Over the last few weeks we have seen some sensational headlines related to a low-carb diet, the ketogenic lifestyle and sugar substitutes. Here are just a few examples:
A quick google search will showcase a range of other articles on these topics that were picked-up by “news” agencies & bloggers alike, with a disappointing consistency of simply regurgitating a study without delving deeper into the facts and sorting through whether the research behind the information is actually credible. In other words, actually applying journalism. So, let’s review the latest barrage of salacious headlines, the questionable research and assess whether the news presented is credible.
Salacious Headline #1: Study Linking Erythritol to Heart Attack & Stroke
In case you haven’t seen one of the many articles, here’s a link to one, which to be fair to Time, does actually raise some questions about the research and linkage. The study we’re referring to was published in late February in the journal Nature Medicine, and is related to just over 1,100 patients undergoing a cardiac risk assessment. Circulating levels of sweeteners, especially erythritol, were associated with a higher risk of cardiovascular event. The study also referenced other research, on patients in both the U.S. and Europe, who were being evaluated for a range of heart related issues, and found a similar heightened presence of erythritol in the blood. Of particular concern was the potential of blood clotting related to platelet presence. Finally, in looking at a very small sample size (n=8) of “healthy” volunteers who ingested an erythritol drink, the sweetener was found at high levels in the blood stream, and a noticeable blood thickening was also observed, for at least 2 days. Based on this information, erythritol is now being associated with a higher risk of a cardiovascular event.
Background on Erythritol
Erythritol is a sugar alcohol, produced by plants and also produced in the human body at low levels through what is called the pentose phosphate pathway (PPP). Naturally found in some fruits and fermented foods, in the last decade it has seen a noticeable uptake in exogenous consumption through dietary, weight loss and low-sugar products due to the fact it is 30% less sweet than sucrose, has a negligible impact on blood glucose & insulin response, is almost fully absorbed and excreted in the urine, and generally does not have a bitter aftertaste. Today, erythritol is used extensively as a “healthier” sugar substitute, as it is not chemically created (like sucralose) and is found naturally in both plants and humans. It has also received a “safe” (GRAS) evaluation from both the USDA (2001) and European Food Safety Authority (EFSA) in 2003 for sweets and desserts (as a low-calorie sweetener replacement), and subsequently received broader use approval from EFSA in 2006, 2010 and 2015.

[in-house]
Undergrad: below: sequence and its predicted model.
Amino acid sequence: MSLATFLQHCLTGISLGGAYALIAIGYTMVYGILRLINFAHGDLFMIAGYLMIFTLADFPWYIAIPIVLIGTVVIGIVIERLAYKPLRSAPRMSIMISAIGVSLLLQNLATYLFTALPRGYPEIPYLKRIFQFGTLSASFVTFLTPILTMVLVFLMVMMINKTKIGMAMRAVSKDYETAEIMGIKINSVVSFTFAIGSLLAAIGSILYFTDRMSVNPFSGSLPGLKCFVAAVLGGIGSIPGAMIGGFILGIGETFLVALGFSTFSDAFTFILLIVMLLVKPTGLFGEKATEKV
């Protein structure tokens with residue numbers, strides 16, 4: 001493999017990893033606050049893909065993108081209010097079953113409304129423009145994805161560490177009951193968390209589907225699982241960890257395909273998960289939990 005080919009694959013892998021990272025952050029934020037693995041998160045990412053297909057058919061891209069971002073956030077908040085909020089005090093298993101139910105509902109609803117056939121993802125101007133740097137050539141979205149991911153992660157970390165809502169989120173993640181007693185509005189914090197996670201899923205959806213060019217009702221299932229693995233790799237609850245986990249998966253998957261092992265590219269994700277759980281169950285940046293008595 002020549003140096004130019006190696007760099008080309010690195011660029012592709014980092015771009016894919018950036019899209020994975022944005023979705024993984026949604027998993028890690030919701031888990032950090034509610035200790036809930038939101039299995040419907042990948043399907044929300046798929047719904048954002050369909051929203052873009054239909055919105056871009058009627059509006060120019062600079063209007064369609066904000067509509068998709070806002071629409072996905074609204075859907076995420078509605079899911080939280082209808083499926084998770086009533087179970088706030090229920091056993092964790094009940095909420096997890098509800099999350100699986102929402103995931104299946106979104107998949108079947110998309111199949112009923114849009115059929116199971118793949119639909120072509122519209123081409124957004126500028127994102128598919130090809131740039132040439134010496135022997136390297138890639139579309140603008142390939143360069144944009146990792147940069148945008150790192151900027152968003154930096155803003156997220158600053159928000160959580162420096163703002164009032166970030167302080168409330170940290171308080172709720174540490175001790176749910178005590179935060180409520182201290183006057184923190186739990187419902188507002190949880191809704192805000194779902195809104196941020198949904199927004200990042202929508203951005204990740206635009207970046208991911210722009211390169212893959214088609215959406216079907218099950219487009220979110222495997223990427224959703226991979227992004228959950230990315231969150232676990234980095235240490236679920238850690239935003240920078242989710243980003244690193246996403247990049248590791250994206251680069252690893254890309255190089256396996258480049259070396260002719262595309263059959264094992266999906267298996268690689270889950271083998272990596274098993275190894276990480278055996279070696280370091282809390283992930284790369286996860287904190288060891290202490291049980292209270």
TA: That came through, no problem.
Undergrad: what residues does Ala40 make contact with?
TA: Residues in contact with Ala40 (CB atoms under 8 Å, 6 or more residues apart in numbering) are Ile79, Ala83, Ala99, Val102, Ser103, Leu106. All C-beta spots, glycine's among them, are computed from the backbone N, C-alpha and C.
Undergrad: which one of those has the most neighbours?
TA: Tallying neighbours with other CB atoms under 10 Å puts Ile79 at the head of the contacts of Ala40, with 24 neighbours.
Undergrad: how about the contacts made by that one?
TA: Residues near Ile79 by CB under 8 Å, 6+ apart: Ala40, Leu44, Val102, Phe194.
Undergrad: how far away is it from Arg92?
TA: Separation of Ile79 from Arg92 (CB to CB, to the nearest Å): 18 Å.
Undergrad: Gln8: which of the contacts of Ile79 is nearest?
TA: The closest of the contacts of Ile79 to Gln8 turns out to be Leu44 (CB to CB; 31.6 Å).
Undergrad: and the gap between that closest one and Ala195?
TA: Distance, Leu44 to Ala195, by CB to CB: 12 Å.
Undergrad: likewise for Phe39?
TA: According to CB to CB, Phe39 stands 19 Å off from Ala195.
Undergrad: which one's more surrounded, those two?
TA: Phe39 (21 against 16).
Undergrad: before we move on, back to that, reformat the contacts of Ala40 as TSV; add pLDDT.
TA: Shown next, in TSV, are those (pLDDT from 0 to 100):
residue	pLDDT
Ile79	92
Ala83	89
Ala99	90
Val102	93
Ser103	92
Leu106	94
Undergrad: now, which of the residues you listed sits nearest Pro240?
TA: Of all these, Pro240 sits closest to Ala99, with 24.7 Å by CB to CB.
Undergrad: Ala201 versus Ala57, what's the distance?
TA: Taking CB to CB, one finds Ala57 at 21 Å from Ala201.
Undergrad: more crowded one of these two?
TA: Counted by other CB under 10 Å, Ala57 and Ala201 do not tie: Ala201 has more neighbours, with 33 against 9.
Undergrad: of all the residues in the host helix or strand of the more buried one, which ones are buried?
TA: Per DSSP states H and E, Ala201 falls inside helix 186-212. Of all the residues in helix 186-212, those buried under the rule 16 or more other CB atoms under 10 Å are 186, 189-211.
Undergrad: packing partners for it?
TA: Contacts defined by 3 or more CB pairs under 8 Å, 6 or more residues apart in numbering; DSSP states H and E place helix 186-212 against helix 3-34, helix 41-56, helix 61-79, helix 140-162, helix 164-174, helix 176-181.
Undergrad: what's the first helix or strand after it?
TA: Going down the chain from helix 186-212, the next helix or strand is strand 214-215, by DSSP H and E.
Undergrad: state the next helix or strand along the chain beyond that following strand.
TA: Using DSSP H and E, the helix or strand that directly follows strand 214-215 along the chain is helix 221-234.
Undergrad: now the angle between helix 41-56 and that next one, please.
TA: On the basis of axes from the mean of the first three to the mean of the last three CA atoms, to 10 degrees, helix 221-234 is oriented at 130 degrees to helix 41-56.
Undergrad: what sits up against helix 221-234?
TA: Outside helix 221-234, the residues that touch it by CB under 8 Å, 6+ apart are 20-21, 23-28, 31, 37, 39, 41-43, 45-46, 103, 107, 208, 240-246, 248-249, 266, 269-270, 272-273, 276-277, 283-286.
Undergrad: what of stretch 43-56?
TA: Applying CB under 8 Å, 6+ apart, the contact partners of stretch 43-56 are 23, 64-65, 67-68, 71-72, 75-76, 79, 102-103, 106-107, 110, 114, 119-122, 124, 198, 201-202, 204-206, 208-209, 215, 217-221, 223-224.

Unpacking the Study
There have been more studies related to erythritol and its impact on T2D, blood sugar, weight management & obesity given its potential to replace sugar with minimal metabolic impact. But, limited research has been done on erythritol related to cardiovascular health. However, a study in 2020 suggested high levels of erythritol in the blood stream could be a predictor of cardio-metabolic disfunction. It’s clear from the new study the patients were suffering from some collection of cardio-metabolic issues, so is it possible the erythritol levels in the blood were “warning signs” of the impending cardiovascular event? The folks at @Highintensityhealth have done a nice job in the below video talking through this exact issue, including some additional studies that support the premise erythritol is not the likely causation, but its presence in the blood is a result of poor metabolic health and is a warning sign for potential cardiovascular events.
The key point we need to understand on erythritol is whether exogenous consumption of the product has the potential to cause cardiovascular disease, OR, whether endogenous creation of erythritol is increased & found in the bloodstream of people with certain conditions (ie, metabolically unhealthy)? Importantly the latest study does not make that distinction, answer that question or prove any reliable science, so to infer or assume a causal distinction as represented in the headlines is simply inaccurate.
Parting Thoughts on Erythritol
The media coverage has painted the consumption of erythritol as causal of heart attacks & strokes. In reality, it could be elevated levels, produced as a part of a natural human pathway (PPP), that may be an indicator of an unhealthy metabolic state and a heightened risk of cardiovascular events if dietary & lifestyle changes are not made. The obvious next step would be to conduct a sound research study to better understand correlation vs. causation and the exogenous vs. endogenous erythritol question.
Finally, I do not have any personal allegiance to erythritol, nor do I consume it very often. I believe following the power of good nutrition is in eating natural foods, so consuming copious quantities of “keto-friendly” processed foods is a non-starter. It is absolutely possible someone eating a consistent, high volume of erythritol in various processed foods could see their blood levels elevated, but whether that increased consumption is responsible for higher blood levels, and whether there is a danger to those levels, are two questions still to be answered. However, given what we know today and the previous 20+ years of research, consuming a limited amount of erythritol as part of a healthy, smart lifestyle, assuming no other metabolic or physiological issues, should be of little concern.